Moody’s Investors Service placed the company’s Baa3 rating on review for a cut to junk grade on November 8 on concern about weak cash flow generation.
Bharti Airtel Ltd.’s dollar-denominated bonds due in 2023 surged the most in five years after the company offered to buy back the securities at above the market price amid the risk of a rating downgrade.
India’s second-biggest mobile phone carrier will pay $985 per $1,000 principal amount plus accrued interest for any or all of the $1.5 billion of March 2023 notes in the tender offer, according to a company filing over the weekend. The bonds jumped 2.3 cents to 98 cents on the dollar as of 9:00 a.m. in Singapore Monday, paring their loss for the year to 8 cents.
The review also reflects Bharti Airtel’s low levels of profitability, particularly from its operations in India and higher debt levels to fund capital spending, the rating company said.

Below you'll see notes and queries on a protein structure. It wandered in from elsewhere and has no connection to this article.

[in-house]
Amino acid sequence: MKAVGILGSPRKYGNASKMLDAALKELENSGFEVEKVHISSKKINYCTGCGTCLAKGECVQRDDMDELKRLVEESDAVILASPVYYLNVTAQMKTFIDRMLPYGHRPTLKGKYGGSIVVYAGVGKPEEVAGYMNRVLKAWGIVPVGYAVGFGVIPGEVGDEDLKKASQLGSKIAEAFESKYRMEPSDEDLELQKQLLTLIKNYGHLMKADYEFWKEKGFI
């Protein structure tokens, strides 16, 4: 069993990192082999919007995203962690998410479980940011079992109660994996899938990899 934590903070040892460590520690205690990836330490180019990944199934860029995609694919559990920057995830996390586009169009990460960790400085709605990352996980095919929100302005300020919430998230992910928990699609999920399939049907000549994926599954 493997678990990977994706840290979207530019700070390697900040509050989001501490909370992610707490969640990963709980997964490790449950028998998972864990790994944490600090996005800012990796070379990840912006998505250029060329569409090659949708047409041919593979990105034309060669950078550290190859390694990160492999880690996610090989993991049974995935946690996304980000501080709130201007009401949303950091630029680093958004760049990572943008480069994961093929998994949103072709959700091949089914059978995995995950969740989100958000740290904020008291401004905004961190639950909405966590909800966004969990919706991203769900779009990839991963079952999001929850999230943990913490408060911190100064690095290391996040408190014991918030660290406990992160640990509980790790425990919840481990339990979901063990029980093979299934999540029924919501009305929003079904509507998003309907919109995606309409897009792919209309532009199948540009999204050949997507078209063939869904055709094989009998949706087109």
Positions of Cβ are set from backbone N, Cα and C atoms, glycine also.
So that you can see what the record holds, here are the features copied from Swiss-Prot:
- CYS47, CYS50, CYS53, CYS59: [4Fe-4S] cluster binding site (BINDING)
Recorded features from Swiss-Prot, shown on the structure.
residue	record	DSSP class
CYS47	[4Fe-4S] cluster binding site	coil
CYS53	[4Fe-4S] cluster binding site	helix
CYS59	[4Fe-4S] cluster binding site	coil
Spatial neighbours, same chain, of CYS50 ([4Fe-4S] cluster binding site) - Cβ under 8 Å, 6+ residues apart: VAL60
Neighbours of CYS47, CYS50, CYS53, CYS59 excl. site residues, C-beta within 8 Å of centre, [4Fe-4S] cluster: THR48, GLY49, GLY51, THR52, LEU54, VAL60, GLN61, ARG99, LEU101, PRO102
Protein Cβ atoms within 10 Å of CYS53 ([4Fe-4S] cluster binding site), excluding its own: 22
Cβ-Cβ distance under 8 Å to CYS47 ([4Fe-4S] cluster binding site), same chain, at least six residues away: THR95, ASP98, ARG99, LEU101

Analysts at Bank of America Corp. and Wells Fargo had earlier flagged the risk of the company slipping into junk category, citing debt levels and stiff competition in local markets. Bharti has raised more than $1.5 billion from asset sales, including a partial stake sale in its Africa business, to lighten its debt load, the company said.
A price war for customers has only worsened since upstart Reliance Jio Infocomm Ltd. debuted with free services in 2016, a knock-out blow for several smaller carriers that were forced to quit the business or merge. Bharti slipped to No. 2 last quarter, overtaken by a merger between Idea Cellular Ltd. and the local unit of Vodafone Group Plc.
The buyback offer for the 2023 notes will expire at 5 p.m. New York time on November 21 unless extended or terminated earlier, according to the filing.
Bharti hired Barclays Bank, BNP Paribas, Merrill Lynch International and Standard Chartered Bank as joint dealer managers for the tender offer, and appointed D.F. King as the information and tender agent. – Business Standard